Section 7 defined the reserved litigation rights of the petitioners, preserving future claims of two sorts. First, Section 7.1 permitted the petitioners to seek relief from SEMA [reliability] Charges for LSCPR through litigation . . . over whether consistent with [applicable reliability criteria] such charges could be or should be reduced through implementation of [a Special Protection System] or Post-First Contingency Switching arrangement.

In other words, the petitioners were permitted to litigate whether, consistent with maintaining system reliability, one of two identified alternatives to the Canal Units -- a specified type of protection system or switching arrangement -- could or should be implemented. Section 7.2 set forth the second reservation, which stated:

The Parties, other than the Municipals [i.e. the petitioners], agree not to seek a change . . . in the ISO- NE definition of the SEMA Reliability Region . . . ; provided that the Municipals may seek such a change to become effective no earlier than January 1, 2008.

That is, the petitioners were permitted to petition for a change in the definition of the SEMA reliability region to take effect on or after January 1, 2008.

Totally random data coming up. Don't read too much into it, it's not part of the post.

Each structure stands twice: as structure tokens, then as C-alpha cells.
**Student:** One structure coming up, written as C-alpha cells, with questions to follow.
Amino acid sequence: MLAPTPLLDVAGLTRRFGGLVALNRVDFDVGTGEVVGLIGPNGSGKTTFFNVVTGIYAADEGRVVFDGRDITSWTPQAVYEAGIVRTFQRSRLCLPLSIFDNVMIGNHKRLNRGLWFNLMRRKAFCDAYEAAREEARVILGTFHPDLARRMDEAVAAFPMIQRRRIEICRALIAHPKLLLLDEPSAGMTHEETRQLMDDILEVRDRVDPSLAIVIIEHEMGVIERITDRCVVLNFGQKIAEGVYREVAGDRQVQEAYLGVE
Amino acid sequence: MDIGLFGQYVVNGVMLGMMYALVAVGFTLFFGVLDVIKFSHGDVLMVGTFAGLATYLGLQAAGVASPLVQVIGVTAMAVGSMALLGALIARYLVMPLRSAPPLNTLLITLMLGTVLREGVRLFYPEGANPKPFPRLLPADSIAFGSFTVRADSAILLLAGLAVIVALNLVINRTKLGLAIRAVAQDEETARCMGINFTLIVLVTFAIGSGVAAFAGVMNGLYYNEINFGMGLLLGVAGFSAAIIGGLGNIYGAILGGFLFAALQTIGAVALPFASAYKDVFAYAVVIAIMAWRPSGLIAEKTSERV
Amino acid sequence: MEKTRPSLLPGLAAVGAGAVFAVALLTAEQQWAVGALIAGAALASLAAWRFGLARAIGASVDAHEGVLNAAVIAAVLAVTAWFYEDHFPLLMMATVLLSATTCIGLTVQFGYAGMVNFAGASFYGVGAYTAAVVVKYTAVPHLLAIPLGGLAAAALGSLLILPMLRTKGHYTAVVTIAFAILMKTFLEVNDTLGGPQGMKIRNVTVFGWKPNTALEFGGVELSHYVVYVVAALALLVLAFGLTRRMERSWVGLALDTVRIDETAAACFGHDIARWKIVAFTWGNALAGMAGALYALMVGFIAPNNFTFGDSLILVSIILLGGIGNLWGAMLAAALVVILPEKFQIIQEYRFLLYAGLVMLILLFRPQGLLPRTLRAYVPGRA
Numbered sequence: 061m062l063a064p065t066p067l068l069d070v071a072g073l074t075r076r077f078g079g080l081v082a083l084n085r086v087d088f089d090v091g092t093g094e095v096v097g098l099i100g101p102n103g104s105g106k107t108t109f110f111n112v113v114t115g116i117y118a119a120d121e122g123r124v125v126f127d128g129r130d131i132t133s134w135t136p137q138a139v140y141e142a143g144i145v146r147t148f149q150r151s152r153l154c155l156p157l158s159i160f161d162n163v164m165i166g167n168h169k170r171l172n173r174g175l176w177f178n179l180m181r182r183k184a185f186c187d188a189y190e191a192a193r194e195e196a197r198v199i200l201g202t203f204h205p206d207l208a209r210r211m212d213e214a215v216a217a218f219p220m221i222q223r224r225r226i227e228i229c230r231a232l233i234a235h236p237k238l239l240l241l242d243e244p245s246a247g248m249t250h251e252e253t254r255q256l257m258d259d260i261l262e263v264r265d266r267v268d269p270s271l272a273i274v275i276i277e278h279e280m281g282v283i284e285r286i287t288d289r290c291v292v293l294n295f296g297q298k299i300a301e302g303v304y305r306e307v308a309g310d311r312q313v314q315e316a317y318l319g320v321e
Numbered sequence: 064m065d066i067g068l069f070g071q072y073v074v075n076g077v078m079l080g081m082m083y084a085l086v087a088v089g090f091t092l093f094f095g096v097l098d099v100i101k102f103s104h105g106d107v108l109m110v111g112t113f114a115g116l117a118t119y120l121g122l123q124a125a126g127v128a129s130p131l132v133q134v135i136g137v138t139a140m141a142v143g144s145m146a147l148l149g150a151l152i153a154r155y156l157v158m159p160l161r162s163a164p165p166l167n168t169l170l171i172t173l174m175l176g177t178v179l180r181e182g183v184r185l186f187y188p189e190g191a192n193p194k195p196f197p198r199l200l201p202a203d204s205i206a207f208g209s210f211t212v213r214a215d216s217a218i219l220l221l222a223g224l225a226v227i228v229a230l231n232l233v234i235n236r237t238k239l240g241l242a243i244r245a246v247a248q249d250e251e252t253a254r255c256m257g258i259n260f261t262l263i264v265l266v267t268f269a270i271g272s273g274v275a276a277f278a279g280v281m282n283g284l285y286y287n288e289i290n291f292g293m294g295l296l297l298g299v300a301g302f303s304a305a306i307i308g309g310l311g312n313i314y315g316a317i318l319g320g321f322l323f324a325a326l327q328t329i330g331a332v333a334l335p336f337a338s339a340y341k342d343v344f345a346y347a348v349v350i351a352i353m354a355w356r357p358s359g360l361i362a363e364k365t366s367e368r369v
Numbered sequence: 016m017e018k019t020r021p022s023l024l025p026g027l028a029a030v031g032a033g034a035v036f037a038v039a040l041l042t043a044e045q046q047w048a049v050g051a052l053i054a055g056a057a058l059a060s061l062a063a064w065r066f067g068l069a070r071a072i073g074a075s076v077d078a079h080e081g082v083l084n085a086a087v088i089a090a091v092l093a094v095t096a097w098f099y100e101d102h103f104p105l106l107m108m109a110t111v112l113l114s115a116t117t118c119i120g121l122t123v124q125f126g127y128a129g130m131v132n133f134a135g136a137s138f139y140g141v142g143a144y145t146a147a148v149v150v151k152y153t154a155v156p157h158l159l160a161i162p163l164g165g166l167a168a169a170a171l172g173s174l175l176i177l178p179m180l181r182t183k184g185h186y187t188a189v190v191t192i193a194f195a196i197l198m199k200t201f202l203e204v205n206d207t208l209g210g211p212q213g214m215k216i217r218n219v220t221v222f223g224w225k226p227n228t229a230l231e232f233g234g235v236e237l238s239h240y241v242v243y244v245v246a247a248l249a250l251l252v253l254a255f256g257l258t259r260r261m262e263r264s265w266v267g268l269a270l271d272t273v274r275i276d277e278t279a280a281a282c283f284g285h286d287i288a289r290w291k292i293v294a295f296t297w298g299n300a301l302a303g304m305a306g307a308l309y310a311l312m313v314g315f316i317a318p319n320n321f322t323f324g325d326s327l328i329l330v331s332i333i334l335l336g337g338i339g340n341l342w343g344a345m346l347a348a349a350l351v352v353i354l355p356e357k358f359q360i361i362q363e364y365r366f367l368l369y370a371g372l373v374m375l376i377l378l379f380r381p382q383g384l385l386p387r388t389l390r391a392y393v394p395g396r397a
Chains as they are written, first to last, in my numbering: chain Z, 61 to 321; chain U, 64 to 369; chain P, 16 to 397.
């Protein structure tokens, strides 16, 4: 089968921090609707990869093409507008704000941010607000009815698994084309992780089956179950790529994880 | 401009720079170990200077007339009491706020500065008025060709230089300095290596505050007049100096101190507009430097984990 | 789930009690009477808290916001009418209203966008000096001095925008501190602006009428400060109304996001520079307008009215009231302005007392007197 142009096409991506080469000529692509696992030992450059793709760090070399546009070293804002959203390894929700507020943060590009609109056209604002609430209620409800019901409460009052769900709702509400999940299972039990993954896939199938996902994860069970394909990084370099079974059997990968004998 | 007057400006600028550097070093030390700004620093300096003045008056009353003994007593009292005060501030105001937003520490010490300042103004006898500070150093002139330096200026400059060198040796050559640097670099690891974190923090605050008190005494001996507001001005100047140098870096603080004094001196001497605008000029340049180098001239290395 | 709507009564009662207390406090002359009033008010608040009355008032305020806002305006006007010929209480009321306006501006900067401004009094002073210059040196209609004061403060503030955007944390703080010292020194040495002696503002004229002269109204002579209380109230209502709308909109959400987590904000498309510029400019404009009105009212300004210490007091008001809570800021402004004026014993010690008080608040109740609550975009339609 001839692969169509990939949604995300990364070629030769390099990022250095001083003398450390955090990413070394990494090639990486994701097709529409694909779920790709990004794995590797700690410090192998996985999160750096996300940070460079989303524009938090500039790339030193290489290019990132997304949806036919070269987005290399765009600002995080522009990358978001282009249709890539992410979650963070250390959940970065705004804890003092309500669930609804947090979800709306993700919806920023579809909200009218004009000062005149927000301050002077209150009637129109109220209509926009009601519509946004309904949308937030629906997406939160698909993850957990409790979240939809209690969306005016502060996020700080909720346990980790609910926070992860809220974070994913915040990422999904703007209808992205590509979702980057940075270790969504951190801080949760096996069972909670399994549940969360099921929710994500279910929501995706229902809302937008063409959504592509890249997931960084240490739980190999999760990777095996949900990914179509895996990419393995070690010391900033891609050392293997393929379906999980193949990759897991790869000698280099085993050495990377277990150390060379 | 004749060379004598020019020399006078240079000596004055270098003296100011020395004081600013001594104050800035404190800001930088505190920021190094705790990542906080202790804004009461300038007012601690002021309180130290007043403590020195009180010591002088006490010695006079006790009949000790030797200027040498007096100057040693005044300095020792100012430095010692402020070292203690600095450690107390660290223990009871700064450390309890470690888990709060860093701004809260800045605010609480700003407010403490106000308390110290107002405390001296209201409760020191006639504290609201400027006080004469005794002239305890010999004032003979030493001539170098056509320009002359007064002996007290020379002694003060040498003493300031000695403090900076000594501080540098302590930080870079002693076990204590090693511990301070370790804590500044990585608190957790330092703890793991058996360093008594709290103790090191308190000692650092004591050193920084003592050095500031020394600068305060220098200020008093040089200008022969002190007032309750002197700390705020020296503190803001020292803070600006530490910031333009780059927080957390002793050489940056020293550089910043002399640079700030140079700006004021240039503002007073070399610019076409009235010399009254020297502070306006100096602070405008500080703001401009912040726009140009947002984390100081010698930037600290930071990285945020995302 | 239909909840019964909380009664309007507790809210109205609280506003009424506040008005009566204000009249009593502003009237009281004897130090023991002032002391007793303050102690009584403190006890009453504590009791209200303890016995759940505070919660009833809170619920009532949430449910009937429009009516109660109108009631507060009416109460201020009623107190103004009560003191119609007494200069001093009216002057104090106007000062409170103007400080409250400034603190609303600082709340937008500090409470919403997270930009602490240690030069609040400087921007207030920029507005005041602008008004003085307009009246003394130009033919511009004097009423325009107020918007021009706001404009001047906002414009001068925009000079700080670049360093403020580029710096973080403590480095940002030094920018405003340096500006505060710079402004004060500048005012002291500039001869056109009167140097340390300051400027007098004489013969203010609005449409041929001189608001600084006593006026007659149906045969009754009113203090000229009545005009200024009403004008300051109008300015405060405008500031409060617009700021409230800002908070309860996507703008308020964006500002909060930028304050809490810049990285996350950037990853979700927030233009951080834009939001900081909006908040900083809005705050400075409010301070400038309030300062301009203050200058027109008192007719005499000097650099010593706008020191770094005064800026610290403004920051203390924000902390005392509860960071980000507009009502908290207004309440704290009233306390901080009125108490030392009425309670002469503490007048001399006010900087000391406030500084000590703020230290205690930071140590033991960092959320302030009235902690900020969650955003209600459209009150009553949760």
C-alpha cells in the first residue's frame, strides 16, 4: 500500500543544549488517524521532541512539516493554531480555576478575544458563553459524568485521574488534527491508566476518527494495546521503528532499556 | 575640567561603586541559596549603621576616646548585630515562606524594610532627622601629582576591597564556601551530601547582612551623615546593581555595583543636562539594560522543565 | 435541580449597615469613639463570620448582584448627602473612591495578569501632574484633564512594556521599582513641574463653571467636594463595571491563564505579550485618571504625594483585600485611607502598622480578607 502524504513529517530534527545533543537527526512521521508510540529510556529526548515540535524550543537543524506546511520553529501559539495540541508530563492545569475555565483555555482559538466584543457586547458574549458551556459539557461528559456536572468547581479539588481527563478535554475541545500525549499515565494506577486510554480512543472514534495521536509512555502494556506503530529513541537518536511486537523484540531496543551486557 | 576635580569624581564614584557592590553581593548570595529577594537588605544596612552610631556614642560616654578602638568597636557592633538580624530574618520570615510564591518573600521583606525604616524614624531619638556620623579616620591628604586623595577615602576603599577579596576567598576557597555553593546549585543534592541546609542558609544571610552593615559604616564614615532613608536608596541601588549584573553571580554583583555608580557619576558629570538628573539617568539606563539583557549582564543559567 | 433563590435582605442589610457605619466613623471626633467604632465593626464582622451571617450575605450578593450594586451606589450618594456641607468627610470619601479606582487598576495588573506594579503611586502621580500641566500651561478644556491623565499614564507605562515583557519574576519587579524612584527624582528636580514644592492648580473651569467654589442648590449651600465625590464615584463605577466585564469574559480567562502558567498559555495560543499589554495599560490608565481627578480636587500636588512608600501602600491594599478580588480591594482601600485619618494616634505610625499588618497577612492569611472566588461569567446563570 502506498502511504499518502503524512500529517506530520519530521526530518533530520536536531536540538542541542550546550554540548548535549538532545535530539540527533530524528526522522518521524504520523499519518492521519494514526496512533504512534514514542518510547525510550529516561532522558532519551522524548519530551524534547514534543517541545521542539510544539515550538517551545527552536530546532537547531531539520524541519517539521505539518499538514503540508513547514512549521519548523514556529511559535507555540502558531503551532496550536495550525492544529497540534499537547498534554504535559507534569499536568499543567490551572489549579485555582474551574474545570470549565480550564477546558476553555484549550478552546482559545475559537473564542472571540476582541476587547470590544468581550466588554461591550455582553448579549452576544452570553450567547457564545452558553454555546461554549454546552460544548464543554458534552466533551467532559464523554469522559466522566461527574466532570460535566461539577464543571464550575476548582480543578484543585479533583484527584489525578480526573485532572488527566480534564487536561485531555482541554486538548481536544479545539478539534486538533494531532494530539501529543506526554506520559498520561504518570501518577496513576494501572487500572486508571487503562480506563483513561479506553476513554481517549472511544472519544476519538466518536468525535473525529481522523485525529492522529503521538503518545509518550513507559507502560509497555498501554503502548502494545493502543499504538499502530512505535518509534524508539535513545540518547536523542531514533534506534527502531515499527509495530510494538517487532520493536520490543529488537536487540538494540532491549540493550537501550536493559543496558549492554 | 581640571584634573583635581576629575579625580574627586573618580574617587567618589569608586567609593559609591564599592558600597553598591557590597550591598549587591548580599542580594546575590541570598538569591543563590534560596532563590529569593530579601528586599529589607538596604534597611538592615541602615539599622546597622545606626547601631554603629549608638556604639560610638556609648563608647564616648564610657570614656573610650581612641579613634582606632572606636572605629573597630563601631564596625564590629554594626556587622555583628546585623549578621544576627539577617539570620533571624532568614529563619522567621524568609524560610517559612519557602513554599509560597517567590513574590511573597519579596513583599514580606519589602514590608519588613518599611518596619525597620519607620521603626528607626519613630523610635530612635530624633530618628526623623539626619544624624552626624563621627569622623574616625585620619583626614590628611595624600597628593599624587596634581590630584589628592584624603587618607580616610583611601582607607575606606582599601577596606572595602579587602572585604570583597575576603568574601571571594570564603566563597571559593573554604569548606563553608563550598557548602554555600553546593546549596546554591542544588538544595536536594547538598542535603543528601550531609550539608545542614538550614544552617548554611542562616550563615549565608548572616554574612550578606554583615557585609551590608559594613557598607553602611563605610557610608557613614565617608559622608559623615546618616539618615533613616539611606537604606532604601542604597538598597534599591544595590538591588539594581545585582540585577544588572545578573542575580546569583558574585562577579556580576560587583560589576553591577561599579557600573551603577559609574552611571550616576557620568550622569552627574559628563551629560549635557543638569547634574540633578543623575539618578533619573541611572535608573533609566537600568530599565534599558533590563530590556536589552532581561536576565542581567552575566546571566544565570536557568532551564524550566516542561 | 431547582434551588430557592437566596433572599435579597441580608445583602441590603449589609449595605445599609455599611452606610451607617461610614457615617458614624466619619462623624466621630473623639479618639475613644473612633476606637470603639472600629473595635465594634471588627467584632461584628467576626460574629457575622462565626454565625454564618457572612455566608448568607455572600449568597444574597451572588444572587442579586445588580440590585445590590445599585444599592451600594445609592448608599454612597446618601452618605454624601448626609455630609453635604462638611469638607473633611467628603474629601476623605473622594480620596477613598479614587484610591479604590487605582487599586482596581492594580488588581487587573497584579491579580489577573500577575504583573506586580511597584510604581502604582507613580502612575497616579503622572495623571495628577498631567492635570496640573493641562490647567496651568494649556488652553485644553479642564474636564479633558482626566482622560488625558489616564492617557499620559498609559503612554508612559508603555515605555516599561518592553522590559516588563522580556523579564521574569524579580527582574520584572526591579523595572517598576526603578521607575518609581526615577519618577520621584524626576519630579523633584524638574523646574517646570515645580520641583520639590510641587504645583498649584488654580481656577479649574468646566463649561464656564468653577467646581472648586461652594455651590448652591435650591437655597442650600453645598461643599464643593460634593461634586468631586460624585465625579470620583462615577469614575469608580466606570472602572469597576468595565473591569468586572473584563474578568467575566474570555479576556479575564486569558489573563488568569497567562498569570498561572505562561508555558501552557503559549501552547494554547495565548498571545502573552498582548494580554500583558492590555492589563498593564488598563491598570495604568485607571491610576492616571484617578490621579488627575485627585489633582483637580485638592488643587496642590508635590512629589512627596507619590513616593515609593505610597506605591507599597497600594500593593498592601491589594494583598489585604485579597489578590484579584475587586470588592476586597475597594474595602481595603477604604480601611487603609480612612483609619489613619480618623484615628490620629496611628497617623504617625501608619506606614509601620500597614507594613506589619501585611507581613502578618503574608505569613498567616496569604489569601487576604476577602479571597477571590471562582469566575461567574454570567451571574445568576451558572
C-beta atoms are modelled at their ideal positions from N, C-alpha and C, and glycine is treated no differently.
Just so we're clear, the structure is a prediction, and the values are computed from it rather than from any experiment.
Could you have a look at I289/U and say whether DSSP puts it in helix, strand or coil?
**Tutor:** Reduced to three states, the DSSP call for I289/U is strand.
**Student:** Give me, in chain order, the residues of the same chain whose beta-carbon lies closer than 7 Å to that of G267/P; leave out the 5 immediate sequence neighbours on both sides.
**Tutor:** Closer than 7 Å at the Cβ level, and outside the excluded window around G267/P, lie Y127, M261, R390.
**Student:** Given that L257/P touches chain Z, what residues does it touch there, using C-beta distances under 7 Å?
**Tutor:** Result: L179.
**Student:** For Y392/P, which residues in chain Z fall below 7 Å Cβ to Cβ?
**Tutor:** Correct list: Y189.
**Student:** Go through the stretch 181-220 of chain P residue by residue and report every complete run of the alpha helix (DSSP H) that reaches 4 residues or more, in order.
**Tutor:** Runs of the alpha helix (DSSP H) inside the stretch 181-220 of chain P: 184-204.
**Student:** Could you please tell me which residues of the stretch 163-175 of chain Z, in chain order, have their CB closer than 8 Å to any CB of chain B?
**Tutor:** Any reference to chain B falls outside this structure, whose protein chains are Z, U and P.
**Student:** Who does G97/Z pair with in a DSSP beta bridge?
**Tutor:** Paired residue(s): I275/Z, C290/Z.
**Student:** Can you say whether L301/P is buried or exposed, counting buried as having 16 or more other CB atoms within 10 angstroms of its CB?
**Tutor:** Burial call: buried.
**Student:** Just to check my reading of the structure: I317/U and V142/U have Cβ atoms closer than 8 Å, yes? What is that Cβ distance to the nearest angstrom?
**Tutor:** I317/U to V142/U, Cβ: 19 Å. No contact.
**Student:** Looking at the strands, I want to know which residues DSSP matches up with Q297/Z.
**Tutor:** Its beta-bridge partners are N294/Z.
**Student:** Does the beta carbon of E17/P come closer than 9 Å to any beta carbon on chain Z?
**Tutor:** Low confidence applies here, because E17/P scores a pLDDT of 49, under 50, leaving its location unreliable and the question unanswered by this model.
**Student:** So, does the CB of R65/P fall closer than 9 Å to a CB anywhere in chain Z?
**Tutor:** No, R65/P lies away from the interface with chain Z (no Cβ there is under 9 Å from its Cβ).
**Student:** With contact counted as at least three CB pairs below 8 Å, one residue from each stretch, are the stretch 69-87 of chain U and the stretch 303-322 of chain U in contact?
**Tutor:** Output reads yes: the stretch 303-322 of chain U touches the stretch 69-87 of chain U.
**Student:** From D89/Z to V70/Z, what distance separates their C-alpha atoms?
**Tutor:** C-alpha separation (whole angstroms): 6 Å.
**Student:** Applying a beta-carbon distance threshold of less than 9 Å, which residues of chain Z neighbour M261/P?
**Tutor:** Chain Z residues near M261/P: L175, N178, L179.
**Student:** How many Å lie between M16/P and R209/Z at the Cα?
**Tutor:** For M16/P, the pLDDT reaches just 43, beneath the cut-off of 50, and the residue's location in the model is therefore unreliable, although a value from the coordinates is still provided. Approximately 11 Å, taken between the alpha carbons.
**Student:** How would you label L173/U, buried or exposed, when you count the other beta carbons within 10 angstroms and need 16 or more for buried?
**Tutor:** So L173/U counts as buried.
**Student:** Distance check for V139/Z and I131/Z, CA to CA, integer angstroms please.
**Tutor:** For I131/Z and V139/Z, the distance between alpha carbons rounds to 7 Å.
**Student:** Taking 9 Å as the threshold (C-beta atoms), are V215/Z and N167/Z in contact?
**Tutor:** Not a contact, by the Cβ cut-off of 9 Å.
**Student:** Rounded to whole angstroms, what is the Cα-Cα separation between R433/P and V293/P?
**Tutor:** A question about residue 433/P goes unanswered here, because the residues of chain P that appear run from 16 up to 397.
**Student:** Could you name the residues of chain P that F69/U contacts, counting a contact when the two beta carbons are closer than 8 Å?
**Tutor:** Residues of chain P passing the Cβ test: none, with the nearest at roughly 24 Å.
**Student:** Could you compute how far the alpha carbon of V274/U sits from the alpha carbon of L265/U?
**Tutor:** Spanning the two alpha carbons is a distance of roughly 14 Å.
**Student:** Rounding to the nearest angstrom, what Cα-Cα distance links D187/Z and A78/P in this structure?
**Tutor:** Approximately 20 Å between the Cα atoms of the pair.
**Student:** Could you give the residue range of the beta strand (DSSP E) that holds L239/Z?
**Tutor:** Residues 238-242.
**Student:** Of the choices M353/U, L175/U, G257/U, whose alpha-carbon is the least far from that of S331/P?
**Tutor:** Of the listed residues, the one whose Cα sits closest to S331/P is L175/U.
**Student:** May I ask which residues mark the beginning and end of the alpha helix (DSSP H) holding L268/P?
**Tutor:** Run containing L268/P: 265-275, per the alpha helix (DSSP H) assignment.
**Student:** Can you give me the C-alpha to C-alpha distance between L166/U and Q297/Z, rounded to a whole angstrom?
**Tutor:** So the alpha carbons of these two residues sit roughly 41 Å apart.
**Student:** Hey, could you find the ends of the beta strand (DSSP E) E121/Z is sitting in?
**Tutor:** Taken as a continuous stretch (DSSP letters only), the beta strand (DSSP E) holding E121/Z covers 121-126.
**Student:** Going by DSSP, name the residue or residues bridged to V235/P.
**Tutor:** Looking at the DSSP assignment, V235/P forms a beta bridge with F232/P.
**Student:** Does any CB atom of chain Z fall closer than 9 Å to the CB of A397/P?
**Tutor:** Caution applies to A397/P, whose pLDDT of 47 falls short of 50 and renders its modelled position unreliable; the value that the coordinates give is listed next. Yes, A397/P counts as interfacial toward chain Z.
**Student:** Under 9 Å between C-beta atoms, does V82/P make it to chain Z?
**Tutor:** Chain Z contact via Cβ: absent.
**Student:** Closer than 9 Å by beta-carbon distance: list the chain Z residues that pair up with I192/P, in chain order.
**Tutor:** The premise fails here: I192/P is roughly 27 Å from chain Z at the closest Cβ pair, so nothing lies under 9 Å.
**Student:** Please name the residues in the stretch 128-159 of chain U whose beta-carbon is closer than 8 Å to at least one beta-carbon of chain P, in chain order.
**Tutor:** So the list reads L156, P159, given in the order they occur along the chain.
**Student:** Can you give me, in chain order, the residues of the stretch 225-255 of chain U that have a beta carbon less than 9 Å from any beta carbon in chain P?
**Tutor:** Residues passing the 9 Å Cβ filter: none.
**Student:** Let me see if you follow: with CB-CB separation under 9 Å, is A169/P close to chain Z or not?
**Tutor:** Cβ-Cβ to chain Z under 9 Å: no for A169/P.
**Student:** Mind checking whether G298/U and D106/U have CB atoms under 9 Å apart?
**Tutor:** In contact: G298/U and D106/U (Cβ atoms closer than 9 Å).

If successfully pursued, either reserved litigation right would permit the petitioners to reduce their share of Canal Unit charges. If the petitioners could show that one of the identified alternatives could or should be implemented without degrading reliability, they would be entitled to financial relief. Likewise, if the SEMA reliability region were divided in a way that left the petitioners outside the subregion to which the costs of the Canal Units were allocated, they would be insulated from sharing those costs under ISO New England's tariff.

The petitioners filed a complaint with the Commission on March 28, 2008. They contended (1) "that ISO-NE should implement Post First Contingency Switching or a Special Protection System" as an alternative that would reduce LSCPR charges; and (2) that "costs that are incurred to protect Cape Cod should not be allocated to the entire SEMA region but that the region should be divided into two sub-regions, Upper and Lower SEMA, and the costs should be allocated only to Lower SEMA." 124 FERC at 61,360, 61,361. In its Complaint Order, FERC denied the first request because it "would inappropriately degrade reliability." Id. at 61,364. As to the second, it found that "whether or not the cost allocations resulting from the boundaries of the current SEMA region are just and reasonable raises issues of material fact" and, accordingly, it scheduled a hearing on the issue. Id. FERC held the hearing in abeyance, however, until ISO New England could consider the division of the SEMA region through its stakeholder process. Id. FERC ordered ISO New England to address "cost allocation ...